HHow does a civil war occur? How do businessmen, office workers and students turn into peaceful protesters, then rioters, then enemies of the state and internal exiles before finally becoming armed resisters?
While we were preoccupied with Covid and the horrors of Ukraine, this process unfolded in Myanmar, a country that briefly opened the door to partial democracy under Aung San Suu Kyi before a military junta slammed it shut . To see it documented in this film is heartbreaking and eye-opening.
We start in February 2021. The country is on the streets protesting the military coup staged earlier this month by Min Aung Hlaing, the Commander-in-Chief of the Myanmar Armed Forces. Suddenly, there’s a moment that eerily mirrors the scene in The Handmaid’s Tale season one when protesters realize, in frozen, disbelieving horror, that live ammunition is coming and people are being killed.
Similar moments – when a state crosses the line and uses deadly force against its civilians – have happened throughout history, but now those moments are being captured on phones and streamed live on Facebook. Even in repressive societies, the word is spreading. Soon the protesters are heading for the hills.
What really surprises in this documentary is the access to the people – the painfully young and idealistic people – at the heart of this crisis. Once in the jungle, the protesters join the guerrilla armies, which have been fighting the military for decades, and reconfigure themselves into the People’s Defense Force (PDF). It becomes clear that the members of the PDF are, essentially, children. They train in groups with cut-out wooden guns because they only have one real gun between them. They engage in unimpressive calisthenics in jungle clearings. The idea of them engaging in combat with trained soldiers is horrifying. But that only underscores their bravery – they must know how figuratively and literally outmatched they are.
The intimacy achieved by the director, Katie Arnold, and her team provides astonishing insight into how autocracy, by definition, radicalizes its opponents. If a government kills a peaceful protest, it creates violent resistance. People have no choice. Simply by disagreeing, they become targets; enemies of the state.
Meanwhile, the crimes of the junta worsen. A demonstration is attacked by a soldier in a car, who runs over and kills five demonstrators. In footage that is chillingly reminiscent of scenes in Ukraine, civilians are annihilated as they attempt to flee villages under attack from the air. There is a hideous incident in which 31 resisters are apparently burned alive. Autopsies conclude that the victims were linked, to rule out any possibility of escape. There are small retaliatory attacks involving improvised explosive devices, while arms factories are springing up in rural areas to arm the resistance.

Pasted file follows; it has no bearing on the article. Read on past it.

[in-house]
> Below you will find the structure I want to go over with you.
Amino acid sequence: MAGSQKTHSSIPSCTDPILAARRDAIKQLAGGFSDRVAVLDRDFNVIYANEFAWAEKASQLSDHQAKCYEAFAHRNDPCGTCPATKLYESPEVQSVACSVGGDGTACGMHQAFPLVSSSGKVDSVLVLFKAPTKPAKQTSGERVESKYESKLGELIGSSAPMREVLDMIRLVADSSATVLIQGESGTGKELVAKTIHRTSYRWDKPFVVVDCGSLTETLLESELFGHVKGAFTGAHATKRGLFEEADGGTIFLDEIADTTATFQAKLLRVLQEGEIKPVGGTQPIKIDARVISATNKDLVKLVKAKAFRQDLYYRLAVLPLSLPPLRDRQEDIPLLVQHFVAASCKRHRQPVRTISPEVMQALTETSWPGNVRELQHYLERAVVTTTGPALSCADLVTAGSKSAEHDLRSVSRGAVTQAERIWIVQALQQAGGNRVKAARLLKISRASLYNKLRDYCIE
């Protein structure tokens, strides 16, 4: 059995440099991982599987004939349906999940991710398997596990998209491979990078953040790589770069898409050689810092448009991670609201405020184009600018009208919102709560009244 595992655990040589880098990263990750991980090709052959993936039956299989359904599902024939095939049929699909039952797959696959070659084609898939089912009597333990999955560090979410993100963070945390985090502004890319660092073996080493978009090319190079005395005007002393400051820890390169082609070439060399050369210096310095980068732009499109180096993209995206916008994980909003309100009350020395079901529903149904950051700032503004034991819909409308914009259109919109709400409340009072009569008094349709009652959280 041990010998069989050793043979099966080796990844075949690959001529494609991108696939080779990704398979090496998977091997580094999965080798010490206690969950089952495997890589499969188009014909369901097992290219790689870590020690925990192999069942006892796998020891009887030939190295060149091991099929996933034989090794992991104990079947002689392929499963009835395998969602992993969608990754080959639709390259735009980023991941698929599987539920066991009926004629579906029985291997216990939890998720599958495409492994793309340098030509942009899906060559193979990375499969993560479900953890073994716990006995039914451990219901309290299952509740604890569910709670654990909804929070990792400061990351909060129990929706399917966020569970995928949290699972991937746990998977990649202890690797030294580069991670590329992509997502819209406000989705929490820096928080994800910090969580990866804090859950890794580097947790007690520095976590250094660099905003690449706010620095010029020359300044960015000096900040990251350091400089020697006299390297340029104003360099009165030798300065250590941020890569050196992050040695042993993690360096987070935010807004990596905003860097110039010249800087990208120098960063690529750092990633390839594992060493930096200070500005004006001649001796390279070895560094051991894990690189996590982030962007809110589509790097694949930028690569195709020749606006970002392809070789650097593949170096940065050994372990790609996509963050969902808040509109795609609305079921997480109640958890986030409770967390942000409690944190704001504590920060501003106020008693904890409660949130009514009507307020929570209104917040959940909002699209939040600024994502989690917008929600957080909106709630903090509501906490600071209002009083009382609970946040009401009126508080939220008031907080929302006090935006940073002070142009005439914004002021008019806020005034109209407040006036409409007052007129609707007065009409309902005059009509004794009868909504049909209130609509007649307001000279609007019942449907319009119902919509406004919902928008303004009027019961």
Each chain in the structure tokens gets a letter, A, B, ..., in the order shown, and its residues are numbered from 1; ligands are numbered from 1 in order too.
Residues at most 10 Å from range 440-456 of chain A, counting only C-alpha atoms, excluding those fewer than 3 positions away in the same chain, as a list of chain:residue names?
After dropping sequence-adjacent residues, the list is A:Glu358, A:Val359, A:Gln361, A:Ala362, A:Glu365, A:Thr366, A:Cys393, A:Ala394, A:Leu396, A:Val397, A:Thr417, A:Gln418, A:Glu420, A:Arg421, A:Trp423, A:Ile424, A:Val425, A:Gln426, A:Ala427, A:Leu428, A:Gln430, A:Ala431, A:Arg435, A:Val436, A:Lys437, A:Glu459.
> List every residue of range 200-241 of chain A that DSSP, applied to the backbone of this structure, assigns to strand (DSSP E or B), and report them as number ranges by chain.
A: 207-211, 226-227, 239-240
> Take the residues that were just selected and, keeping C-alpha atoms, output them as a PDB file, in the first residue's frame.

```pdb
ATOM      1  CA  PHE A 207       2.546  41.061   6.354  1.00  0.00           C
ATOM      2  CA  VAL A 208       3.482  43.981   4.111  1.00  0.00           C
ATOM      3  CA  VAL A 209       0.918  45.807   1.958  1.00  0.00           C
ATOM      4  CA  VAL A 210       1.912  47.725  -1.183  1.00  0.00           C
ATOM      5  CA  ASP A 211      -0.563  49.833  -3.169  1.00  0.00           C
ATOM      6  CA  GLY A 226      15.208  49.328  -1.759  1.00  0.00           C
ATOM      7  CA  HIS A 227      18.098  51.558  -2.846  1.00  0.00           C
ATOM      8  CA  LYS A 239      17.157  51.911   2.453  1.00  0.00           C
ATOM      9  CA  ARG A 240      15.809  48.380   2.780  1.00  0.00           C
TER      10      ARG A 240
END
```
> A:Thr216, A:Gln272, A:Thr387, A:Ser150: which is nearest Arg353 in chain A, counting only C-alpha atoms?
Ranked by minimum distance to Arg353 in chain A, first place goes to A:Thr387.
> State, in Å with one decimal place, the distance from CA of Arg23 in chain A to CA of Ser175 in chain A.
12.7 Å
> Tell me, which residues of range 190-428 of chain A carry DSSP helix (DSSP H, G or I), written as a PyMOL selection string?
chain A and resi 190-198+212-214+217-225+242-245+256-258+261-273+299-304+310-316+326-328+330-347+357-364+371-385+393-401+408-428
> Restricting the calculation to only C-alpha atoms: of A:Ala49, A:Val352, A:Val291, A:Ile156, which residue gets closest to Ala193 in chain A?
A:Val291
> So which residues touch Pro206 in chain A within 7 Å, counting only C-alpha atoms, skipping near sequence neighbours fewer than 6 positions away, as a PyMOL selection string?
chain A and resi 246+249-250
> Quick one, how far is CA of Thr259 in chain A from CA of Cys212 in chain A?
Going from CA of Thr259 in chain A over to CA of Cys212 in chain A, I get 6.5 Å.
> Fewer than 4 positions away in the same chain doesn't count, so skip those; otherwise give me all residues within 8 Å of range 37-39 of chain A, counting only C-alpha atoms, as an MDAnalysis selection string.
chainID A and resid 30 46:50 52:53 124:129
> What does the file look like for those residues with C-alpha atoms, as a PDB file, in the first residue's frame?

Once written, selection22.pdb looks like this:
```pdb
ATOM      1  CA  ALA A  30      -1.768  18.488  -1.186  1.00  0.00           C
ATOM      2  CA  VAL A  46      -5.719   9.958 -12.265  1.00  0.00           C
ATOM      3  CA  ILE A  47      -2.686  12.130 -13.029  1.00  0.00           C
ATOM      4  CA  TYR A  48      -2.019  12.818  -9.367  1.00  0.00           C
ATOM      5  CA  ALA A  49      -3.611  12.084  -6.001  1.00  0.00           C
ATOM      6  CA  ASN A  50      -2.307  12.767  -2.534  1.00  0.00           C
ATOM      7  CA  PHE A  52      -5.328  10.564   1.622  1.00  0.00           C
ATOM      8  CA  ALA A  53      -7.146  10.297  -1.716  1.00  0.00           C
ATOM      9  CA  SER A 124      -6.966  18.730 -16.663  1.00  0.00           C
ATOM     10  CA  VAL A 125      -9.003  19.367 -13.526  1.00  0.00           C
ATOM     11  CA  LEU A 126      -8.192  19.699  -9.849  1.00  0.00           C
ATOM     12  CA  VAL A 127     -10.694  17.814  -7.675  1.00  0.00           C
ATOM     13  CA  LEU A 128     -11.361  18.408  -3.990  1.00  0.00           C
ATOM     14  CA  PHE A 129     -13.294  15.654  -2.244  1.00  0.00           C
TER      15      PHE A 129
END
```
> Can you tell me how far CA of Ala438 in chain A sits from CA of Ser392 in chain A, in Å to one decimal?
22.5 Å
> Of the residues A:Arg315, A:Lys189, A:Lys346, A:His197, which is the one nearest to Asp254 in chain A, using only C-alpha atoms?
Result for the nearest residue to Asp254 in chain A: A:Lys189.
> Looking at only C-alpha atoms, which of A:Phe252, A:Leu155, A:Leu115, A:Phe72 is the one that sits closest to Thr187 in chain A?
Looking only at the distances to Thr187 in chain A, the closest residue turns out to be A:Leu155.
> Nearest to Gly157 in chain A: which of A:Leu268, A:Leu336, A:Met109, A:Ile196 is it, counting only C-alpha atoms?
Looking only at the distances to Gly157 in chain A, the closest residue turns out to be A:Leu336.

Where is the UN in all this? It’s complicated – but it shouldn’t be. “These are war crimes,” says Tom Andrews, the UN’s special rapporteur on human rights in Myanmar. “These are innocent people who are victims of attacks, torture, injuries. And the UN Security Council even refused to accept a resolution to stop these attacks. The political will does not exist. These are strong words. There is also a strong suggestion that Russia and China – Myanmar’s allies – are conspiring to prevent action.
This is, of course, an obscenity. It also highlights the power and value of courageous and relentless investigative journalism. You could say that films like this are all the people of Myanmar have. There is an interview with an army general in which he condemns the idea of the army targeting civilians as “fake news”. There is an evil banality to the sentence at this point; the carelessness with which any actor in bad faith can use it makes it grotesque and pathetic. But at least he had to say it.
At this point, the documentary becomes more than a television program; it becomes evidence. Because the film footage shows that the army Is target civilians. The testimonies of army defectors also say so. This is not just a list of atrocities, to be mourned and then forgotten; it is the construction of a dossier. That’s what makes it such valuable journalism – it will be part of the future prosecution case in a war crimes trial, at a time when the UN decides it wants to.
Watching this unfold, it’s hard not to contemplate the decision to privatize Channel 4, the only UK mainstream broadcaster still attempting to do such journalism. In 2011, the channel’s documentary Sri Lanka’s Killing Fields did something similar – the film won a Royal Television Society award and, more importantly, screened in the European Parliament. It made a difference.
Myanmar: The Forgotten Revolution could achieve something similar. Channel 4 is the home of It’s a Sin and Derry Girls, and it’s wonderful. But it’s also the channel that tells stories few will see, but millions will know. It is certainly worth preserving.